Could Drugs and Alcohol During Pregnancy Become a Crime?

Critics say it could cause more harm than good.
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profile picture of Ashley Edwards Walker
By Ashley Edwards Walker, Contributing Writer
Published January 24, 2018
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Image: iStock

In Montana, newborns experience a form of withdrawal known as Neonatal Abstinence Syndrome (NAS) after being exposed to opioids or other drugs in the womb at twice the rate of the national average. That problem is exacerbated by budget constraints, which have left addicted moms-to-be with very few resources made available them. And now one local attorney is adding to the issue by promising to “crackdown” on women who use non-prescribed drugs or alcohol during pregnancy, according to a story from the nonprofit journalism outlet Undark.

In a press release issued from the Big Horn County Attorney’s Office and addressed to Hardin, Montana, attorney Gerald “Jay” Harris promises “an immediate crackdown policy” that would include prosecuting any expectant mothers found to be using drugs or alcohol by seeking an order of protection to restrain them from using, and possibly pursuing additional charges that could result in jail time.

“Other jurisdictions have sought criminal prosecution of mothers after delivery,” Harris is quoted as saying in the statement. “But that is a retroactive and not proactive approach that does virtually nothing to protect the specific victim. I strongly encourage Montana’s county attorneys and district attorneys all across the country to take an aggressive stand against this nationwide problem, which has the potential to deeply scar future generations with the tragic legacy of substance abuse.”

Additionally, the statement targets pregnant women who might choose to “abort an unborn child instead of refraining from drug and alcohol,” with Harris encouraging the state’s Attorney General, Tim Fox, to “ensure justice” against such offenders. It also asks residents to report any known instances of pregnant women using drugs or alcohol, and warns pregnant addicts to turn themselves in for “voluntary daily substance abuse monitoring” in order to avoid prosecution.

On the surface, it seems like going extra hard on women who are using drugs while pregnant should be a no-brainer. But the reality, according to several advocate groups, is much more complicated. Take Dr. Sheryl Ryan of the American Academy of Pediatrics who has previously warned that “women who abruptly stop using substances, there’s an increased rate of fetal demise, early onset of labor, and poor pregnancy outcomes for the mother as well. If we’re a country that is so interested in a welfare of our children, then we really need to put our money where our mouth is.”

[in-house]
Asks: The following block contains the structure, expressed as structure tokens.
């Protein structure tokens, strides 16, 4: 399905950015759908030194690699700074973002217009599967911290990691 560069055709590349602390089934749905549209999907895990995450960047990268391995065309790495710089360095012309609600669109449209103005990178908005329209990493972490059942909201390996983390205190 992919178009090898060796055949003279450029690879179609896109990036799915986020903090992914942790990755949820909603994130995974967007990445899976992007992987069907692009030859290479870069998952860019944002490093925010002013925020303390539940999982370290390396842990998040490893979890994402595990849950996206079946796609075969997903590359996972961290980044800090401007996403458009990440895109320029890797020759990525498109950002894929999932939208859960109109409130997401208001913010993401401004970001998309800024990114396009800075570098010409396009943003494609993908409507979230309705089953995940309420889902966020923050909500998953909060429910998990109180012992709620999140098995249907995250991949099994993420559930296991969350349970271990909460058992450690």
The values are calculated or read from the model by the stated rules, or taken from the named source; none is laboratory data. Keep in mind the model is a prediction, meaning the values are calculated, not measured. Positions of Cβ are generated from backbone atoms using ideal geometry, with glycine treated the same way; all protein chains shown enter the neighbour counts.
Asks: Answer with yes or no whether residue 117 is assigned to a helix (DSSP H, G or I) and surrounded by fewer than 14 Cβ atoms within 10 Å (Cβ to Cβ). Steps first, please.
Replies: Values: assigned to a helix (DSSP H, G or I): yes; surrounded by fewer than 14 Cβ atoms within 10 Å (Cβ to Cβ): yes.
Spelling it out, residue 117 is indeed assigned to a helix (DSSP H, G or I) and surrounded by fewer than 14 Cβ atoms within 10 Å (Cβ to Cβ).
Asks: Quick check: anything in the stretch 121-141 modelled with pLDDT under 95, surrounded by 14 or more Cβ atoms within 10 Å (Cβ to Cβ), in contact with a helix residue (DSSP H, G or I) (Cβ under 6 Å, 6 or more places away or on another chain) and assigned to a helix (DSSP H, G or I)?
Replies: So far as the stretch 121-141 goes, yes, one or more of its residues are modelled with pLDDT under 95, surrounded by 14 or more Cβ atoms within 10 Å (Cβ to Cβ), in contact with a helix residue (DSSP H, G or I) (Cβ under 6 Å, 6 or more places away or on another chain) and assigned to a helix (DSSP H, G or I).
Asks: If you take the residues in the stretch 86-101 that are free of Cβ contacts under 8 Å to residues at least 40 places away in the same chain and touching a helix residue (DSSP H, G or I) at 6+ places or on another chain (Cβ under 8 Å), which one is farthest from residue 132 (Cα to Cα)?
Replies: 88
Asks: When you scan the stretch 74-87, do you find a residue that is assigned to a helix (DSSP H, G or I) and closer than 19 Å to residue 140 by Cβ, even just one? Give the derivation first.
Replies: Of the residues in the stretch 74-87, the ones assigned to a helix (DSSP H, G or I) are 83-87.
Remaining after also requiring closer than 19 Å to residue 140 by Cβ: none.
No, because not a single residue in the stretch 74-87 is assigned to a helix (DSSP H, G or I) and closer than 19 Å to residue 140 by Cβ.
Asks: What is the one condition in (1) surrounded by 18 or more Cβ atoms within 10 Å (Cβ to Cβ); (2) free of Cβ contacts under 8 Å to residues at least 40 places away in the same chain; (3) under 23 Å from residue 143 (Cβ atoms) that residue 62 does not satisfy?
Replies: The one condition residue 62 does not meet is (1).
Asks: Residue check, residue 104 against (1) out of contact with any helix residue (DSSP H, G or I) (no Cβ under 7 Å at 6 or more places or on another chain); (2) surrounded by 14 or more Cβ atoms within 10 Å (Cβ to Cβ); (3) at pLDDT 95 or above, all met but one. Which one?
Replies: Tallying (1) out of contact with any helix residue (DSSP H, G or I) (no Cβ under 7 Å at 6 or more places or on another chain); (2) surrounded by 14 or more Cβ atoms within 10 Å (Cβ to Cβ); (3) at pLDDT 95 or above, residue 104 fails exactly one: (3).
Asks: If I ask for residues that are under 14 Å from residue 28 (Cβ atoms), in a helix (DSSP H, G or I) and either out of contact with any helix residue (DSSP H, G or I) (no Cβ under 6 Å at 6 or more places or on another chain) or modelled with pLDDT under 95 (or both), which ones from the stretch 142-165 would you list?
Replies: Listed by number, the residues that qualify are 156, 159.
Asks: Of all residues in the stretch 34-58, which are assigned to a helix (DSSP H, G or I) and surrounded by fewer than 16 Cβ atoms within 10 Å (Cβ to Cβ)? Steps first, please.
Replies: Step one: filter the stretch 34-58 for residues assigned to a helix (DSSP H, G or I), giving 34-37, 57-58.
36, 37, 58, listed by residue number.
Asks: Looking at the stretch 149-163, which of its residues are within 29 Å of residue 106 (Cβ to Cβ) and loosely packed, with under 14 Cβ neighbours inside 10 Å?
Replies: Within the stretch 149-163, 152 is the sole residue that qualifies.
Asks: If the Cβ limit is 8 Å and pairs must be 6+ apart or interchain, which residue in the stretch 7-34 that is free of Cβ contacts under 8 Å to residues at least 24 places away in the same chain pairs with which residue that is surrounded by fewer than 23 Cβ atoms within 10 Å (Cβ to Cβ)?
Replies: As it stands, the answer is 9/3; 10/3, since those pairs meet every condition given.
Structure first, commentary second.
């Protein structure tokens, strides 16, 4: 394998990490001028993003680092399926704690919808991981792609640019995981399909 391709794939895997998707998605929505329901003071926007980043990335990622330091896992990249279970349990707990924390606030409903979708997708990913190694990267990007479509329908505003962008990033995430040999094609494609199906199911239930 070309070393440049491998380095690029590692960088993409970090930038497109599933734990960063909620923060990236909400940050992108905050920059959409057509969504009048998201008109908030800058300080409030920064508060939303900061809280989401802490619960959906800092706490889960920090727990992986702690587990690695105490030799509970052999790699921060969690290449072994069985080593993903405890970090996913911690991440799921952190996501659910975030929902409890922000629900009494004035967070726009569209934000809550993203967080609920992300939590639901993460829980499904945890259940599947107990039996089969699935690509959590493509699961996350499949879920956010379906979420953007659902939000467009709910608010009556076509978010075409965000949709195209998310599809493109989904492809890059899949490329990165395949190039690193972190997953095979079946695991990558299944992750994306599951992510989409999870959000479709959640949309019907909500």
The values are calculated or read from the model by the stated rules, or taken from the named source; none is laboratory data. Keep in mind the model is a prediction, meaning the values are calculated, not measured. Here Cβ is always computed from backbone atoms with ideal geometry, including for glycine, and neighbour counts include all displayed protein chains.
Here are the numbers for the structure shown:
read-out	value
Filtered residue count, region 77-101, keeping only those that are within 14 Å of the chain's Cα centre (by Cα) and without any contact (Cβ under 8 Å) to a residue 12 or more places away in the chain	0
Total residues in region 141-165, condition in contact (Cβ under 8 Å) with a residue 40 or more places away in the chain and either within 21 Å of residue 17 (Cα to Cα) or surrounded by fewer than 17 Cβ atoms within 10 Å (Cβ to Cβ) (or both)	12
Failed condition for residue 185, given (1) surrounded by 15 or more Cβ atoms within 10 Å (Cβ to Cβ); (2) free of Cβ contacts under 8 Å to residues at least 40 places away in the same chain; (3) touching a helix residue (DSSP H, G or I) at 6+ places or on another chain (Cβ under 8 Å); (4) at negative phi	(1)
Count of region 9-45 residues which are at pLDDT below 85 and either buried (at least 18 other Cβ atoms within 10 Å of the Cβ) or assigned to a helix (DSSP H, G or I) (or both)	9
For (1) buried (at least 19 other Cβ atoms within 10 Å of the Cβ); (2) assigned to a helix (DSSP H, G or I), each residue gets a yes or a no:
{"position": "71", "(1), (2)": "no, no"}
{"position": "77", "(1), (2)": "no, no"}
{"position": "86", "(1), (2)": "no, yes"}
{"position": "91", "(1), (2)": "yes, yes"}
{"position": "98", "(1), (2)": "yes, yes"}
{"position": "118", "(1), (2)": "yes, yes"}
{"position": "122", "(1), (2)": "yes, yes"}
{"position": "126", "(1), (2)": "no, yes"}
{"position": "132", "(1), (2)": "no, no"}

The National Advocates for Pregnant Women agreed, releasing a statement in direct response to Harris’ calling the move “outrageous, irresponsible, and dangerous to women, children, and families. According to this statement, every pregnant woman should be constantly monitored for the use of alcohol or non-medically prescribed drugs, turned in to state authorities by friends, family members, health care providers and strangers, and become subject to court orders of protection that may be enforced through arrest and incarceration to ‘incapacitate’ expecting mothers.”

And if Harris’ office does attempt to deliver on its promise, prosecutors will certainly have their work cut out for them. Already the ACLU of Montana has vowed to challenge the “crackdown.” In a letter addressed to Harris, Alex Rate, legal director for the group, called the proposed plan “an egregious abuse of power,” according to a local news outlet.

“If these reports are accurate, then Big Horn County’s ‘crackdown’ on pregnant women is not only counterproductive, paternalistic and cruel, it is also illegal,” Rate wrote. “If your office actively attempts to enforce such a policy, ACLU is prepared to challenge those actions in Court.”


He later closed the letter with this: “In sum, we all want women and babies to be safe. However, coercive and punitive treatment of pregnant women violates the civil liberties of individual women, fosters distrust of health care providers, and ultimately undermines maternal and fetal health. We would welcome the opportunity to speak with your off-rce about this policy, and to work with you towards solutions that actually protect the health and wellbeing of expectant mothers and unborn children.”

Let’s hope they work something out that protects both mother and child.

Please note: The Bump and the materials and information it contains are not intended to, and do not constitute, medical or other health advice or diagnosis and should not be used as such. You should always consult with a qualified physician or health professional about your specific circumstances.

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